by Grace Burrowes
Captured and tortured by the French, Christian Severn, Duke of Mercia, lost his wife, his son, and his will to live. He struggles with society life until Gillian, Countess of Windmere, pointedly reminds him that he has a daughter who still needs him.
As Christian and Gilly spend more and more time together trying to heal Lucy, who was traumatized by her mother’s death, their attraction slowly begins to grow.
But just as life seems to be getting back to normal, Gilly mysteriously refuses Christian’s marriage proposal, and Lucy's terrible secret threatens to tear them apart forever…
I have to say, this was a much darker start, and book, than many of Ms. Burrowes' other books. Tore at my heartstrings! The title, The Captive, was so appropriate. Christian, though freed after his torture, was still held captive to revenge...and healing. Gilly was held captive to her secrets. Lucy was held captive to silence. And even Girard, the man who did most of the torture of Christian, was a captive to orders.
I love how Ms. Burrowes incorporates the titles' themes throughout her books. This was a story of learning how to live again, in freedom, for many of the characters. And the journey to an HEA kept me enthralled.
The torture that Christian survived had me in tears. And reading through my fingers! Those scenes were incredibly intense.
I enjoyed Gilly very much. Such a take charge young woman. And one who hasn't had a charmed life, either.
We get to see Devlin St. Just, a character from The Soldier (Duke's Obsession, #2) (Windham #2), and it was lovely to see him.
A wonderful start to a new series. I'll certainly be there for all of them!
Thank you, NetGalley and Sourcebooks Casablanca, for the opportunity to read The Captive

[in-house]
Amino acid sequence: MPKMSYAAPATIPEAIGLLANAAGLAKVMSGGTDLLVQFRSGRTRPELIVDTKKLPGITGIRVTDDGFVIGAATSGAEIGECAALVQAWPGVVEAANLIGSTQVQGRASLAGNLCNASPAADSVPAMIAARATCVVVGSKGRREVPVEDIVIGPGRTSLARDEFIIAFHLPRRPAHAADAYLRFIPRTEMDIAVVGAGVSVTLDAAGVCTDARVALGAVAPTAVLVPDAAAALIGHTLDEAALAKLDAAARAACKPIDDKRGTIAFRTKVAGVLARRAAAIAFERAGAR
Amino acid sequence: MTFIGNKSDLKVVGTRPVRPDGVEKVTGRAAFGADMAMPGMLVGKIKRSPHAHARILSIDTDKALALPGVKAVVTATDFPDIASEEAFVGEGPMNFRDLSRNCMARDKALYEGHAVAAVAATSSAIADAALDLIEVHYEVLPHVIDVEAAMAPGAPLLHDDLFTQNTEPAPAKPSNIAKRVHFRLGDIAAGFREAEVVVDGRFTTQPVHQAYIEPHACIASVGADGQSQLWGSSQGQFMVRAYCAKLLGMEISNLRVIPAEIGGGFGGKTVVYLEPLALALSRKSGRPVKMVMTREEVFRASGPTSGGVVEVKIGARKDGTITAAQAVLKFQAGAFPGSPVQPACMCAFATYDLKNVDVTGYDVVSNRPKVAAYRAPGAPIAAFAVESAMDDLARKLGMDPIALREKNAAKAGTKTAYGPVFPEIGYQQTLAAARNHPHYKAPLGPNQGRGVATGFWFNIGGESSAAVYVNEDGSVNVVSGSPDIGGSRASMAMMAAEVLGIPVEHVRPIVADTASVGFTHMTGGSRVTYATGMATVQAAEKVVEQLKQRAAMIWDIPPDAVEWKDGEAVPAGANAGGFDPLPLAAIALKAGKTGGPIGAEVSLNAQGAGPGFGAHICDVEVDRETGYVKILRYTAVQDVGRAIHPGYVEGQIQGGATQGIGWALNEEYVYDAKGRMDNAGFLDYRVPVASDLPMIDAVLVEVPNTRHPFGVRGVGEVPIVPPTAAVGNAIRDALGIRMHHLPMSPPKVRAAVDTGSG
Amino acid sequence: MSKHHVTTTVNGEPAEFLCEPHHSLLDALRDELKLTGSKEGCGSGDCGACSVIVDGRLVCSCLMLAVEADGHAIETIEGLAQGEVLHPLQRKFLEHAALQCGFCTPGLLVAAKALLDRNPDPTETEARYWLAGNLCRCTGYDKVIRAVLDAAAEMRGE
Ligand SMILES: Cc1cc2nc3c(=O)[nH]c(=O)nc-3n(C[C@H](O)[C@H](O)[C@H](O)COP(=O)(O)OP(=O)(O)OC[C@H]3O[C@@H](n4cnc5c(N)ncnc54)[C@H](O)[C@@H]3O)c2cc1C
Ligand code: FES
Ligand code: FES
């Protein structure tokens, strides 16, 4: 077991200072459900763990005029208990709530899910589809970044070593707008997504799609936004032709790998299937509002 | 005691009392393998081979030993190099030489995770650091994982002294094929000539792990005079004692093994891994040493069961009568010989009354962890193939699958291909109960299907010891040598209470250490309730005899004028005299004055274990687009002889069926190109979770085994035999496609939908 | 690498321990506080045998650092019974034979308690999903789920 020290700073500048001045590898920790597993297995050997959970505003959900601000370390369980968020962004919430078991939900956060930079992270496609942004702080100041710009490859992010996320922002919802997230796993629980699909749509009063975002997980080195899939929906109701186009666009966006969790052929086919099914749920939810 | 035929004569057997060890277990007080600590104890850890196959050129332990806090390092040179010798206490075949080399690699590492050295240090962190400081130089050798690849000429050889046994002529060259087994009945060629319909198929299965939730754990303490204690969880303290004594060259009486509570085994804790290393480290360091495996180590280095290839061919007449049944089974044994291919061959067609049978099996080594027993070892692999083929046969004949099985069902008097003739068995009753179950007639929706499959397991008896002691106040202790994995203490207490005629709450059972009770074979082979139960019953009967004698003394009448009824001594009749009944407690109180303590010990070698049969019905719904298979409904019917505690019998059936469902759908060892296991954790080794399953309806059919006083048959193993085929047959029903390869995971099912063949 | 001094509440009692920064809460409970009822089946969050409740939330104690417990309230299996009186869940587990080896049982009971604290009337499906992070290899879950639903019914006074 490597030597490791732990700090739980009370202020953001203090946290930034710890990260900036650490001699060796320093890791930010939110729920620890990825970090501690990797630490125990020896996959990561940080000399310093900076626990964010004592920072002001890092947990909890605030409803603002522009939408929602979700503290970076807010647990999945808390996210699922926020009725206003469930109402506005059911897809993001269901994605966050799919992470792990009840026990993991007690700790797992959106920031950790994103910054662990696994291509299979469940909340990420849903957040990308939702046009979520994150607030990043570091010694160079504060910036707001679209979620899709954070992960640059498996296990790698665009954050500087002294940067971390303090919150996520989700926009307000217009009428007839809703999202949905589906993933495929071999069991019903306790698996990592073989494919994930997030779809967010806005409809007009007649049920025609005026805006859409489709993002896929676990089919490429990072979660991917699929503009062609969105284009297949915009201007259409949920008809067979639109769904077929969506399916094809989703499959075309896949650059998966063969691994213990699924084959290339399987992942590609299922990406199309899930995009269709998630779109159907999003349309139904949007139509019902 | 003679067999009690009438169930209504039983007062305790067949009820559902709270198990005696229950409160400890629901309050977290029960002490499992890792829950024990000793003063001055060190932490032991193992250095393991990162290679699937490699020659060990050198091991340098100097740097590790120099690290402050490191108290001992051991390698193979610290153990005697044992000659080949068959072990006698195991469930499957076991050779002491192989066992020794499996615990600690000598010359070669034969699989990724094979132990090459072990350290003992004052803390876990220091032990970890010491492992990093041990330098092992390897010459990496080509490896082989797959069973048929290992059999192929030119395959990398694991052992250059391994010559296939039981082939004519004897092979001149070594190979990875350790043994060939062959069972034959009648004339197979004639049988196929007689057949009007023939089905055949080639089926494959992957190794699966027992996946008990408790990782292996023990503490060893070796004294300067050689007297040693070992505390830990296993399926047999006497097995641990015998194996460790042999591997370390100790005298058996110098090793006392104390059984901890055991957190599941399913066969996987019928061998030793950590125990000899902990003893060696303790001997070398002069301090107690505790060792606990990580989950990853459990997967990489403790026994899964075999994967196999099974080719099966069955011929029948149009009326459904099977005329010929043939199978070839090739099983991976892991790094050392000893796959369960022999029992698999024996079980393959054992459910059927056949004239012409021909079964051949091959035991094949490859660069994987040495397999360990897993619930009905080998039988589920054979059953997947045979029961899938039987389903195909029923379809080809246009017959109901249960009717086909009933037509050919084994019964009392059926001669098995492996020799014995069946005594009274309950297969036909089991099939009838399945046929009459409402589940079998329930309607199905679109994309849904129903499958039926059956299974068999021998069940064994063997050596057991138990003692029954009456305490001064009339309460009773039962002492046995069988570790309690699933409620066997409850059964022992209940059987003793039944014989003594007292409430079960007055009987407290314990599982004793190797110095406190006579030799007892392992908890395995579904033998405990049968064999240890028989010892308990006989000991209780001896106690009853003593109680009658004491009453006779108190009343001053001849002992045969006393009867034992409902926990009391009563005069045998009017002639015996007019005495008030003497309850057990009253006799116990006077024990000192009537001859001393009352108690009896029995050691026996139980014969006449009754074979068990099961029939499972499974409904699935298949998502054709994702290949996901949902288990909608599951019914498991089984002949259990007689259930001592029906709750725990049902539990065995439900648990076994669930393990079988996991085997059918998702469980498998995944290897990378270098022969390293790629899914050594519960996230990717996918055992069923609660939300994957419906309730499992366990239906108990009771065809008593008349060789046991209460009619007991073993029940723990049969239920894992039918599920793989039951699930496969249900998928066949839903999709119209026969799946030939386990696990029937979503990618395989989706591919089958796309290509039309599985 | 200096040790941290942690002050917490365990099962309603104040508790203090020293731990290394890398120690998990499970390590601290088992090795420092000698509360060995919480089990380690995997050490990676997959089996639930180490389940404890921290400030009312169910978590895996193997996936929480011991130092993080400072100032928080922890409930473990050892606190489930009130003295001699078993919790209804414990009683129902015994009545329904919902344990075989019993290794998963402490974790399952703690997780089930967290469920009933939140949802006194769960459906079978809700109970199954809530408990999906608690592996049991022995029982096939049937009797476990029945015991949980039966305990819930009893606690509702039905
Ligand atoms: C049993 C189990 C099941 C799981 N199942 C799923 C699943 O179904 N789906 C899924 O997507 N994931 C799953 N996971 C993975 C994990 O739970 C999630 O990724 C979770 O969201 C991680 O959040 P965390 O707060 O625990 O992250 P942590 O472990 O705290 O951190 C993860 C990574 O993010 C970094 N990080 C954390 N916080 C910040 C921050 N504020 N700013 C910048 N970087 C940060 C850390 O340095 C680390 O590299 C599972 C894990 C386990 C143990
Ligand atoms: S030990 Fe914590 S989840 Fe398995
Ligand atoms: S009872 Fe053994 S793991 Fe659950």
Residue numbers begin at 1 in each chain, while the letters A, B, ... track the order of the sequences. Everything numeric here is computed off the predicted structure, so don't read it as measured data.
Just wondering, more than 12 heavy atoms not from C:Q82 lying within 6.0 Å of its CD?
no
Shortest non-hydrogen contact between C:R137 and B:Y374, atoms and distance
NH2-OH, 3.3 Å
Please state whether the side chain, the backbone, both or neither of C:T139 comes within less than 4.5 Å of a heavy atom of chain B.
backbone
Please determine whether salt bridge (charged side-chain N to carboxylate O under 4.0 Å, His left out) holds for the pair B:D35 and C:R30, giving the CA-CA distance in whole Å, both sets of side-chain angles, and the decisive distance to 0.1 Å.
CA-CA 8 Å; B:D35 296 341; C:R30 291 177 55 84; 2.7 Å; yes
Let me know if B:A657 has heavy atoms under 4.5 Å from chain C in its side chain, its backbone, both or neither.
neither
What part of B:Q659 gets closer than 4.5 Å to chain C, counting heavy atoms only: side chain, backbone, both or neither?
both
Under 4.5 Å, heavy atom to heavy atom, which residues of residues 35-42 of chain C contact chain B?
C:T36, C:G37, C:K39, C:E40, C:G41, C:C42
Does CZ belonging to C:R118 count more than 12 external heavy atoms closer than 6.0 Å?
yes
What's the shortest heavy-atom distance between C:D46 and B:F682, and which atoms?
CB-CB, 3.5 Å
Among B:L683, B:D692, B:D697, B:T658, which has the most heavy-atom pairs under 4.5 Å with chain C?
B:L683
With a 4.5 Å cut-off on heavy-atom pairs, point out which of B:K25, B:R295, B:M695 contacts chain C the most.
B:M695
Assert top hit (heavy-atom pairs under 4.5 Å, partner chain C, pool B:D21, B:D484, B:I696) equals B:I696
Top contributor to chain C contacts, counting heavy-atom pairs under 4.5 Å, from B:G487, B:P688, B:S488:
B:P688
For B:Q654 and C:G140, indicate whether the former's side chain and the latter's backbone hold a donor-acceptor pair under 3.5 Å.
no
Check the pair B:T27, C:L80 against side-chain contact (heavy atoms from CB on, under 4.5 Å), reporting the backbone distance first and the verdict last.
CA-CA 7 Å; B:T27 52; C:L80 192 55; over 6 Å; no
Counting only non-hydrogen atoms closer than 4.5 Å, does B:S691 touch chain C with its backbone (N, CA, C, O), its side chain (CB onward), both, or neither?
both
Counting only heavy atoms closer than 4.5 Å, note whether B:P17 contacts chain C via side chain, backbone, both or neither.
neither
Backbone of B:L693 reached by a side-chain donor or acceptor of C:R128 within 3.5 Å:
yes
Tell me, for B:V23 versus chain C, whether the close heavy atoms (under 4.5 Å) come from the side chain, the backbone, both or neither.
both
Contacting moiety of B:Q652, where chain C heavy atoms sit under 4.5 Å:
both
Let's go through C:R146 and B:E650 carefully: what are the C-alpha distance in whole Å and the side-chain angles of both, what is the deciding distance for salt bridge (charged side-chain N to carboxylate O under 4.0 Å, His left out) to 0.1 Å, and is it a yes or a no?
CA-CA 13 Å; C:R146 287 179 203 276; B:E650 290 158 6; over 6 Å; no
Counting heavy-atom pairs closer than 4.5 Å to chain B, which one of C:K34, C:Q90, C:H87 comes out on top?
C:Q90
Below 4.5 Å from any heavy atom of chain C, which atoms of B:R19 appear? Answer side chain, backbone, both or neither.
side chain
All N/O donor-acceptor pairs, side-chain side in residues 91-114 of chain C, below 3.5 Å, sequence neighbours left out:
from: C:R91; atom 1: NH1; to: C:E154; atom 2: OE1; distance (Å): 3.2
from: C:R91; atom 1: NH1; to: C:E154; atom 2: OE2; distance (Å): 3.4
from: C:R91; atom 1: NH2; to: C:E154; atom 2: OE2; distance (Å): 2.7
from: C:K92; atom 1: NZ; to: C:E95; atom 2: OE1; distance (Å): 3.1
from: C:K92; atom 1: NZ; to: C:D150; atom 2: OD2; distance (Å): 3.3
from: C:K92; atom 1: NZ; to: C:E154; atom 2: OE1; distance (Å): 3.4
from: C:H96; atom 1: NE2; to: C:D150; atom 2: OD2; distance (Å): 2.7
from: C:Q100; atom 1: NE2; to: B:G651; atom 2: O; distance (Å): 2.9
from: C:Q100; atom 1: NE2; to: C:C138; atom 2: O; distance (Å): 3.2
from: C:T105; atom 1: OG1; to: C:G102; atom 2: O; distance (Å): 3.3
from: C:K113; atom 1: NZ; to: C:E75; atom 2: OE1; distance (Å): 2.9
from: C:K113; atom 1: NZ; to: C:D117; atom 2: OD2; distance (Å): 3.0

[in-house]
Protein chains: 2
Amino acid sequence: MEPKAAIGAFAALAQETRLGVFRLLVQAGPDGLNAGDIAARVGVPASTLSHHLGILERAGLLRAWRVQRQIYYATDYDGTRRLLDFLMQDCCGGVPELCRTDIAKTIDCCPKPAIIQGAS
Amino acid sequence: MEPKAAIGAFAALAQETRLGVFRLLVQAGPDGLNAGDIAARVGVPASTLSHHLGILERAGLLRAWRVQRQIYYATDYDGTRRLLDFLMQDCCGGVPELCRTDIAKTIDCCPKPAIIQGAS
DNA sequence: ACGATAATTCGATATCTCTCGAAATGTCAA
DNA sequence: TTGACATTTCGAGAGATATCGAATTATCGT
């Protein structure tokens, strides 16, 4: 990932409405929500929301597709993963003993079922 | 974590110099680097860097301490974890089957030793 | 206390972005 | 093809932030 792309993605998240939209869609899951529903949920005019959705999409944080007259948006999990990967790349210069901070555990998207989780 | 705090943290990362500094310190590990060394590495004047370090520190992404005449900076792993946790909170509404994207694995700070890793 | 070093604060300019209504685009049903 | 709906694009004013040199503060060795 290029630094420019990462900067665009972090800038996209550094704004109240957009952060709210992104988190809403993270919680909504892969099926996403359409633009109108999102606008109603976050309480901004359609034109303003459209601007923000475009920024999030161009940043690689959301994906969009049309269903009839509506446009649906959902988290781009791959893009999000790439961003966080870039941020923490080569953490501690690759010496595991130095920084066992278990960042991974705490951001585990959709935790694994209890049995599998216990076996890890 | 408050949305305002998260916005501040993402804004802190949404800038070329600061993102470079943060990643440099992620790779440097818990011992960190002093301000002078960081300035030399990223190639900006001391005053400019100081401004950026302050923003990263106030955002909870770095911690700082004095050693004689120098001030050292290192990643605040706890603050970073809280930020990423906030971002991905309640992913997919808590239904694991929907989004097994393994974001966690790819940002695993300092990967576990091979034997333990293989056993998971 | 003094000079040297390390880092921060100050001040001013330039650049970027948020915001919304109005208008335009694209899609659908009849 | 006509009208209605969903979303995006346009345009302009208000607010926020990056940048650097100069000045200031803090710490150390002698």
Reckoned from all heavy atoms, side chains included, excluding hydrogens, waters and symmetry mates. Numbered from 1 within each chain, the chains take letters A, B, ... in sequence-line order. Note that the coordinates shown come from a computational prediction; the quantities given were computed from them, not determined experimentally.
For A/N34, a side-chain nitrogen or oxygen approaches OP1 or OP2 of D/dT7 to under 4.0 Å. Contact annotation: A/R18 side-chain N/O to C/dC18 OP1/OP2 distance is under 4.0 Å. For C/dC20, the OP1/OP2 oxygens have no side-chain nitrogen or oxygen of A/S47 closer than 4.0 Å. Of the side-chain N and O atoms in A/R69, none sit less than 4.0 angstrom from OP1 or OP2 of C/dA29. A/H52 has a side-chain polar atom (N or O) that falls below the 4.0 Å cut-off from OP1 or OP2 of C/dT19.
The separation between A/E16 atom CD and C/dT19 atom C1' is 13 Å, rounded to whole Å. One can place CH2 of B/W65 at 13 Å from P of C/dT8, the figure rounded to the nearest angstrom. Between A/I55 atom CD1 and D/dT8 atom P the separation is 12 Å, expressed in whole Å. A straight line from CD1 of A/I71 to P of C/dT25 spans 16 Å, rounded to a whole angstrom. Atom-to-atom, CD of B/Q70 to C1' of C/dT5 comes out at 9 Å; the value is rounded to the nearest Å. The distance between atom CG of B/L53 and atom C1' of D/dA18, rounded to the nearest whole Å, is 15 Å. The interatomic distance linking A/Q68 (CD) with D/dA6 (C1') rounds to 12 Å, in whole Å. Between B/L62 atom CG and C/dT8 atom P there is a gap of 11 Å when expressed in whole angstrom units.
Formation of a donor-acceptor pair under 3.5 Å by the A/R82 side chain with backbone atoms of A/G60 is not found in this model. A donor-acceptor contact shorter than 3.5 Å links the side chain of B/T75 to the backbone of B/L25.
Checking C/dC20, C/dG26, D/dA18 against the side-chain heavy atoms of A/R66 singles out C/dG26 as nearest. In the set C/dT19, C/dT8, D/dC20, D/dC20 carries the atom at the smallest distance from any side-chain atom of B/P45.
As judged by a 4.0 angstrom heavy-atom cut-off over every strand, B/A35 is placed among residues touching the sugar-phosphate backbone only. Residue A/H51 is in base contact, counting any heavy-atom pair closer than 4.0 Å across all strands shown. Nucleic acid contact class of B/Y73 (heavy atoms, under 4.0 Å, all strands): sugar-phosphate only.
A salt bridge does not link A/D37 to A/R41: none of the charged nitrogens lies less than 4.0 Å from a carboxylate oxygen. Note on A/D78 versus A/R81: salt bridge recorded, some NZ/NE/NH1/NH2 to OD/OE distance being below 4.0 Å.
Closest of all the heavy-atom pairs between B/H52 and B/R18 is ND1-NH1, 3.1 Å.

The countess brought Christian’s hand up, holding the back of it against the extraordinary softness of her cheek. Until he’d taken liberties with her in the library, he’d forgotten how wonderfully, startlingly soft a woman’s cheek could be. As soft as sunshine and summer rain, as soft as the quiet of the English countryside.
“Shall we sit?” he asked, though she’d likely release his hand if they sat. He was a widower, though, and she ought not to begrudge him simple human contact when he’d been so recently bereaved.
She let him lead her to a shaded bench near the roses, the morning air faintly redolent of their perfume. When Christian seated her, the countess kept his damaged hand in hers.
“I was not allowed to garden at Greendale,” she said, fingers drifting over his knuckles. “The estate had gardens, because his lordship would not be seen to neglect his acres, but I was forbidden to walk them, or to dig about in the good English soil, or to consult with the gardeners regarding the designs and plantings.”
Based on the studied casualness of her tone, this prohibition had been irksome.
“You are free to garden here all you like,” Christian said. “I ask only that you not disturb my mother’s roses.”
“They are lovely.”
“She was lovely.”
Another silence, while Christian became aware of his surroundings beyond the small hand holding his. The roses were in their early summer glory, and why Polite Society insisted on staying in Town through most of June was incomprehensible, when the alternative was the English countryside. The sunshine was a perfectly weighted beneficence on his cheek, the scent of the gardens heavenly, and the entire morning aurally gilded with the fluting chorus of songbirds.
He wanted to kiss the lady beside him again, not in thanks, not as a good-night benediction, but for the sheer pleasure of the undertaking.
New York Times and USA Today bestselling author Grace Burrowes' bestsellers include The Heir, The Soldier, Lady Maggie's Secret Scandal, Lady Sophie's Christmas Wish and Lady Eve's Indiscretion. Her Regency romances have received extensive praise, including starred reviews from Publishers Weekly and Booklist. Grace is branching out into short stories and Scotland-set Victorian romance with Sourcebooks. She is a practicing family law attorney and lives in rural Maryland.
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